• Saved book/article
  • Highlights
  • Quotes/citations
  • Notes
  • Bookmarks
Notes
Cite this page

Cited page

Style
Citations are available only to our active members.
Buy instant access to cite pages or passages in MLA, APA and Chicago citation styles.

(Einhorn, 1992, p. 25)

(Einhorn 25)

1. Lois J. Einhorn, Abraham Lincoln, the Orator: Penetrating the Lincoln Legend (Westport, CT: Greenwood Press, 1992), 25, http://www.questia.com/read/27419298.

Cited page

Bookmark this page
The Trespass of the Sign: Deconstruction, Theology, and Philosophy
Table of contents

Table of contents

  • Title Page iii
  • Contents vii
  • Introduction to the 2000 Edition ix
  • Preface xxxiii
  • I - Confrontation 1
  • 1: Interpretation, Signs and God 3
  • 2: Deconstruction Otherwise 40
  • 3: Metaphysics and Theology 71
  • II - Examination 105
  • 4: The Status of Deconstruction 107
  • 5: Questions of Scope 138
  • III - Dialogue 171
  • 6: The Economy of Mysticism 173
  • 7: Kant: Mysticism and Parerga 207
  • 8: Heidegger 237
  • Appendix to: The 2000 Edition 271
  • The God Effect 273
  • Bibliography 299
  • Index of People 313
  • Index of Topics 317
Settings

Settings

Typeface
Text size Smaller Larger Reset View mode
Search within

Search within this book

Look up

Look up a word

  • Dictionary
  • Thesaurus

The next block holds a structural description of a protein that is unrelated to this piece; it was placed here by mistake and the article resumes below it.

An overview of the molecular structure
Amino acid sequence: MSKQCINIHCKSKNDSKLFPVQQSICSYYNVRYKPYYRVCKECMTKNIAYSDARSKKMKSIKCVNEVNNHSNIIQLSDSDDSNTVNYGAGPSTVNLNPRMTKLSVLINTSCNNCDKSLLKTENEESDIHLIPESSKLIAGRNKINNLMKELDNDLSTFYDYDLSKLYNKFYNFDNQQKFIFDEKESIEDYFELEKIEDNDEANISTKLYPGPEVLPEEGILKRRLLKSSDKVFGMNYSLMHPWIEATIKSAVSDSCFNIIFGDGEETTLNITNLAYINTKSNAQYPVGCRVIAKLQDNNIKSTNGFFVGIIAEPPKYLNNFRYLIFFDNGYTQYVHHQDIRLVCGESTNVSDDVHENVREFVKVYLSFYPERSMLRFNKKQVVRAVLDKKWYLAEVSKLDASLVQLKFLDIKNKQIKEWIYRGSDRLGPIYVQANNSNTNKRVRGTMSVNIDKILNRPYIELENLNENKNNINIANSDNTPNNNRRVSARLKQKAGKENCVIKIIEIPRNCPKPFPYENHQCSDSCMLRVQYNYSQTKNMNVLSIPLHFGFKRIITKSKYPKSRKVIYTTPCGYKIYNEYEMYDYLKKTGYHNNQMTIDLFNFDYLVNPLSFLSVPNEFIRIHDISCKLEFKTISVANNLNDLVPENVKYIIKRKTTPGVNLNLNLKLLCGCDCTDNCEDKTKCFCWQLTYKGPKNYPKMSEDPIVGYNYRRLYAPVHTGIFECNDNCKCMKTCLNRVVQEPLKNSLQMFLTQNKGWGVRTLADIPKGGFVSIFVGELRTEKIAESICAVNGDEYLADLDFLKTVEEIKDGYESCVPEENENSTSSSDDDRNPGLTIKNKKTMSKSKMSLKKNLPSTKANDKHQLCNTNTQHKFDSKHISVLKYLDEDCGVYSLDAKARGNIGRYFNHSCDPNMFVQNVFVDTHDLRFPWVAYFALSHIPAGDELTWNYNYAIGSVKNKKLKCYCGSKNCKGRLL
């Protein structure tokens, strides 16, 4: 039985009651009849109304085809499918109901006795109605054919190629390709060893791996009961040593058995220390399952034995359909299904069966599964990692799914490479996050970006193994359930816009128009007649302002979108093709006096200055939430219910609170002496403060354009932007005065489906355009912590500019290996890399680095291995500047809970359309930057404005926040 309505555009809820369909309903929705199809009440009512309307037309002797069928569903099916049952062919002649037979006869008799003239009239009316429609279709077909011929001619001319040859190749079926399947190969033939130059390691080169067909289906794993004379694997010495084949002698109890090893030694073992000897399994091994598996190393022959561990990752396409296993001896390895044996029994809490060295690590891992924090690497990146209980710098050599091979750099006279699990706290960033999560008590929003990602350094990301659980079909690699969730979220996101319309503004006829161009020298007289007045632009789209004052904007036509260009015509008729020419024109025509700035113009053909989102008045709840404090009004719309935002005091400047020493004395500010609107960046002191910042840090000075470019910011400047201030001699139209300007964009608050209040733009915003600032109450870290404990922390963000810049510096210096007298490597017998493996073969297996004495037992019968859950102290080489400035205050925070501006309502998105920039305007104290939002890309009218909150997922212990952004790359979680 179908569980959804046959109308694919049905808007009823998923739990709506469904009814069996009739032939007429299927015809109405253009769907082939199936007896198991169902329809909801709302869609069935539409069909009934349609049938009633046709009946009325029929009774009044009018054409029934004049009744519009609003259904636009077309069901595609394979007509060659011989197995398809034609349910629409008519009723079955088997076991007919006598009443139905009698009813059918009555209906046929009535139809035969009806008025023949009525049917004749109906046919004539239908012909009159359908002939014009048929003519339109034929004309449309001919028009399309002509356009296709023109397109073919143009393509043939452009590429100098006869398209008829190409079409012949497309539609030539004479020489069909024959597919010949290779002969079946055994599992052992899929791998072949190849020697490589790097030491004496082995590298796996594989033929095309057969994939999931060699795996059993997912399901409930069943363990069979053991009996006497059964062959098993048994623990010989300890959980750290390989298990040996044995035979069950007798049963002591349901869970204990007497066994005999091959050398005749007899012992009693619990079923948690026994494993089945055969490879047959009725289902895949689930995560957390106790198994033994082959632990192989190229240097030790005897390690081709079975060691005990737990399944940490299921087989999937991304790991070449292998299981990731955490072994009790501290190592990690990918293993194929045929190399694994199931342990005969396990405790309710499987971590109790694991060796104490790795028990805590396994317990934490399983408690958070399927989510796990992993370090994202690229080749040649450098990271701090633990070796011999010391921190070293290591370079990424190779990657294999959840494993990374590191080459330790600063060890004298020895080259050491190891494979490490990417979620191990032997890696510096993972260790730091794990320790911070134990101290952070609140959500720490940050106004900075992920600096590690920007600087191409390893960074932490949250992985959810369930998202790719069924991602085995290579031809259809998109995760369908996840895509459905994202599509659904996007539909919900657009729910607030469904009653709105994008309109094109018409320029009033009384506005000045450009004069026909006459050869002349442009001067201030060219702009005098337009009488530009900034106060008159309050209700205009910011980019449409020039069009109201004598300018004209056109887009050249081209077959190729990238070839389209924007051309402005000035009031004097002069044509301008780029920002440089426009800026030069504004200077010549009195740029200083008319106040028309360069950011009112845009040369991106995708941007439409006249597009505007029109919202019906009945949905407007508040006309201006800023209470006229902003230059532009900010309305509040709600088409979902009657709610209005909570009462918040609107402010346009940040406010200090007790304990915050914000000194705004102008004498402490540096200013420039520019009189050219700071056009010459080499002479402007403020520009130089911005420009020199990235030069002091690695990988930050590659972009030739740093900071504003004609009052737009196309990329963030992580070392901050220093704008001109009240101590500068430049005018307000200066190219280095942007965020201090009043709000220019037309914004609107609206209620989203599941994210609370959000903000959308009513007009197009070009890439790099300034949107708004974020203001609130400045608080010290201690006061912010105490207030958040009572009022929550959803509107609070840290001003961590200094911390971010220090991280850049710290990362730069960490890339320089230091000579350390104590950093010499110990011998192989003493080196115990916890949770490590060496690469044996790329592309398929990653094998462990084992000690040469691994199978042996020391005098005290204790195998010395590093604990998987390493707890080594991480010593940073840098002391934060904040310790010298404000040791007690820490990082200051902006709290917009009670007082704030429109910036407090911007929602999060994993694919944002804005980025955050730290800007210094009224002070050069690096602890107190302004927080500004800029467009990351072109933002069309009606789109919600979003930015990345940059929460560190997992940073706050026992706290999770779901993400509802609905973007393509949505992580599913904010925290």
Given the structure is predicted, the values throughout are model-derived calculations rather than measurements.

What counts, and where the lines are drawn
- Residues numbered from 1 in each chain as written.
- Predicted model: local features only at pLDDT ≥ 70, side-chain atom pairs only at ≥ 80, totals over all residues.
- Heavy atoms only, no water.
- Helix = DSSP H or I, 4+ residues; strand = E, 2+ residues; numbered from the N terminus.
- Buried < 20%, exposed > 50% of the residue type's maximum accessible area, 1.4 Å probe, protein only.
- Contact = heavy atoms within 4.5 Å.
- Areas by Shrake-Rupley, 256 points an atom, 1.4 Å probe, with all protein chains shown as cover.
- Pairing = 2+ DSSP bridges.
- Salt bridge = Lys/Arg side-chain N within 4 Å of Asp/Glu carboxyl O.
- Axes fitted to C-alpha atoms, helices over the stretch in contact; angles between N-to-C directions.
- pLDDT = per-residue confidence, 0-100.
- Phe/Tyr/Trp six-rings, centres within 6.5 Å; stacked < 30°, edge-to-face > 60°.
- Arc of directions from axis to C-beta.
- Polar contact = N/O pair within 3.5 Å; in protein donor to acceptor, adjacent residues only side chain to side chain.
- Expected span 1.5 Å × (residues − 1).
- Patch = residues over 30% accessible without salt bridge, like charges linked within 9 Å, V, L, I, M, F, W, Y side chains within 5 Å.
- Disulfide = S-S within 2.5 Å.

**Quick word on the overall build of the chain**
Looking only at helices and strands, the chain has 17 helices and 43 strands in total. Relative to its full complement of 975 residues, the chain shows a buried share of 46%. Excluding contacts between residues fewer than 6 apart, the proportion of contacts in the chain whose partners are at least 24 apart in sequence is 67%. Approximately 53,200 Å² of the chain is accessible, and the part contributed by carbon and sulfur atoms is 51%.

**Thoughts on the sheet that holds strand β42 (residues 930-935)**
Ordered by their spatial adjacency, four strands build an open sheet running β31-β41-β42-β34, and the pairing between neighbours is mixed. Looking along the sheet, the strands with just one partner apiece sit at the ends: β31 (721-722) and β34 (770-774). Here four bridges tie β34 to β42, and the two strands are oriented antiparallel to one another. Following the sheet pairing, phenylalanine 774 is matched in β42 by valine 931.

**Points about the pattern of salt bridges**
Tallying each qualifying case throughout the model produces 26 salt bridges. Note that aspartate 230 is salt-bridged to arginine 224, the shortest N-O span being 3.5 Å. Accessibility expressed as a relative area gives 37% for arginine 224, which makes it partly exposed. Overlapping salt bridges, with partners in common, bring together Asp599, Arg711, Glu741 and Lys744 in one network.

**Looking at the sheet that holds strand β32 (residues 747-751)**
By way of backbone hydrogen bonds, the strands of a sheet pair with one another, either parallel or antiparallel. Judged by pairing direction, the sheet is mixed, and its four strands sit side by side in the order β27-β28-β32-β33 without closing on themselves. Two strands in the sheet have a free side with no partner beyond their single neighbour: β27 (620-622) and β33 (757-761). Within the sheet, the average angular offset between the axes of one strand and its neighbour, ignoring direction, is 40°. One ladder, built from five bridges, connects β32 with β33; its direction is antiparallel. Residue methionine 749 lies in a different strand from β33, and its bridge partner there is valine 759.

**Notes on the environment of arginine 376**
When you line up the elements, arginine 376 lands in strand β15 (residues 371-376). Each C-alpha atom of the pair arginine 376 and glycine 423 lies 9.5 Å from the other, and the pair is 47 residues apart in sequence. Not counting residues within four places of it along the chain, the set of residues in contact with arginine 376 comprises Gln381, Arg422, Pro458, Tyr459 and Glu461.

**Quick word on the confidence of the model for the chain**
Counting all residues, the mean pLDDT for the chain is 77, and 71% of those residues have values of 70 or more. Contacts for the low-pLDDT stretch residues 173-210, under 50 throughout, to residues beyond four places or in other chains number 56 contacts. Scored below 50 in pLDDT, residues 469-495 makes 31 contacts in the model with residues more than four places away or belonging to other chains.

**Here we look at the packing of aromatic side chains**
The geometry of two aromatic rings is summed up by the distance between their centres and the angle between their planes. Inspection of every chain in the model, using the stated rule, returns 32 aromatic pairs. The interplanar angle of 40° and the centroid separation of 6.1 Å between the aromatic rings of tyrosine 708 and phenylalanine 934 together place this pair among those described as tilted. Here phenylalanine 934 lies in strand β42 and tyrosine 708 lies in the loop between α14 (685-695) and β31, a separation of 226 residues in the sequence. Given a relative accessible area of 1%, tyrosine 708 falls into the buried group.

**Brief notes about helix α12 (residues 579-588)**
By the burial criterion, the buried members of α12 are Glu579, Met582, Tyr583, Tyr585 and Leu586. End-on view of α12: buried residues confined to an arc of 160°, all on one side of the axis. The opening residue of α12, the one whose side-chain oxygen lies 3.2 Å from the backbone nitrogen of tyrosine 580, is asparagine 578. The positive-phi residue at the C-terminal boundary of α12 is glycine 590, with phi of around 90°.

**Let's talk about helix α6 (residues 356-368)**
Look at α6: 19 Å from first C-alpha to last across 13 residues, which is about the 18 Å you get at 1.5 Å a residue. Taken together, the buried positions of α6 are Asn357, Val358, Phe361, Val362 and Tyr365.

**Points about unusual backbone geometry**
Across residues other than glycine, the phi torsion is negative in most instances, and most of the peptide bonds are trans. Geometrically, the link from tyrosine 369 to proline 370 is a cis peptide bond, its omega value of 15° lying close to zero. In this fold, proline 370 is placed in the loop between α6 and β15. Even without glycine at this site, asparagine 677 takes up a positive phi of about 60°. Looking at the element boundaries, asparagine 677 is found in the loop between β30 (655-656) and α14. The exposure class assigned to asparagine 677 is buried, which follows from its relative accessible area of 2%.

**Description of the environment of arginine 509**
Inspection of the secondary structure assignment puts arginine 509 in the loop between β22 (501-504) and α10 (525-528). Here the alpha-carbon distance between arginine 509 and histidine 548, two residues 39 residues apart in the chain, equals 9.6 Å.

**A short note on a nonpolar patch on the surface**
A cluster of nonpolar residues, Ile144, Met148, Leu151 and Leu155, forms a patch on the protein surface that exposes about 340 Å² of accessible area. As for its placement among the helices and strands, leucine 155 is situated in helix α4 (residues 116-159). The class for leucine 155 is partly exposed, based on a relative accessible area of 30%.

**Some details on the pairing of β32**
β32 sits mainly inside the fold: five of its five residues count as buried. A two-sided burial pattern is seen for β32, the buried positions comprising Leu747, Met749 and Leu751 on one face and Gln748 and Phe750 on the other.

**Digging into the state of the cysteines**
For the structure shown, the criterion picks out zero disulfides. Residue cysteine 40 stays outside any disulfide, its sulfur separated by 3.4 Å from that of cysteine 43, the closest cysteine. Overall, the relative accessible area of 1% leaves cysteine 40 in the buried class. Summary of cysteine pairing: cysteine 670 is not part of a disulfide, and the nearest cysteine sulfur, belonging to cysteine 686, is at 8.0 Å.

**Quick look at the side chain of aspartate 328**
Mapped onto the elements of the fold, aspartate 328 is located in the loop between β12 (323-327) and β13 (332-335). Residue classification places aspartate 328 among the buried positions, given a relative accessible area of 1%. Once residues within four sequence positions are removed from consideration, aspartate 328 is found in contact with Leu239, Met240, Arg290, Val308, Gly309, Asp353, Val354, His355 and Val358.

Please submit a word or phrase above.
Print this page

Print this page

Why can't I print more than one page at a time?

Help
Full screen
/ 320

matching results for page

    Questia reader help

    How to highlight and cite specific passages

    1. Click or tap the first word you want to select.
    2. Click or tap the last word you want to select, and you’ll see everything in between get selected.
    3. You’ll then get a menu of options like creating a highlight or a citation from that passage of text.

    OK, got it!

    Cited passage

    Style
    Citations are available only to our active members.
    Buy instant access to cite pages or passages in MLA, APA and Chicago citation styles.

    "Portraying himself as an honest, ordinary person helped Lincoln identify with his audiences." (Einhorn, 1992, p. 25).

    "Portraying himself as an honest, ordinary person helped Lincoln identify with his audiences." (Einhorn 25)

    "Portraying himself as an honest, ordinary person helped Lincoln identify with his audiences."1

    1. Lois J. Einhorn, Abraham Lincoln, the Orator: Penetrating the Lincoln Legend (Westport, CT: Greenwood Press, 1992), 25, http://www.questia.com/read/27419298.

    Cited passage

    Thanks for trying Questia!

    Please continue trying out our research tools, but please note, full functionality is available only to our active members.

    Your work will be lost once you leave this Web page.

    Buy instant access to save your work.

    Already a member? Log in now.

    Oops!

    An unknown error has occurred. Please click the button below to reload the page. If the problem persists, please try again in a little while.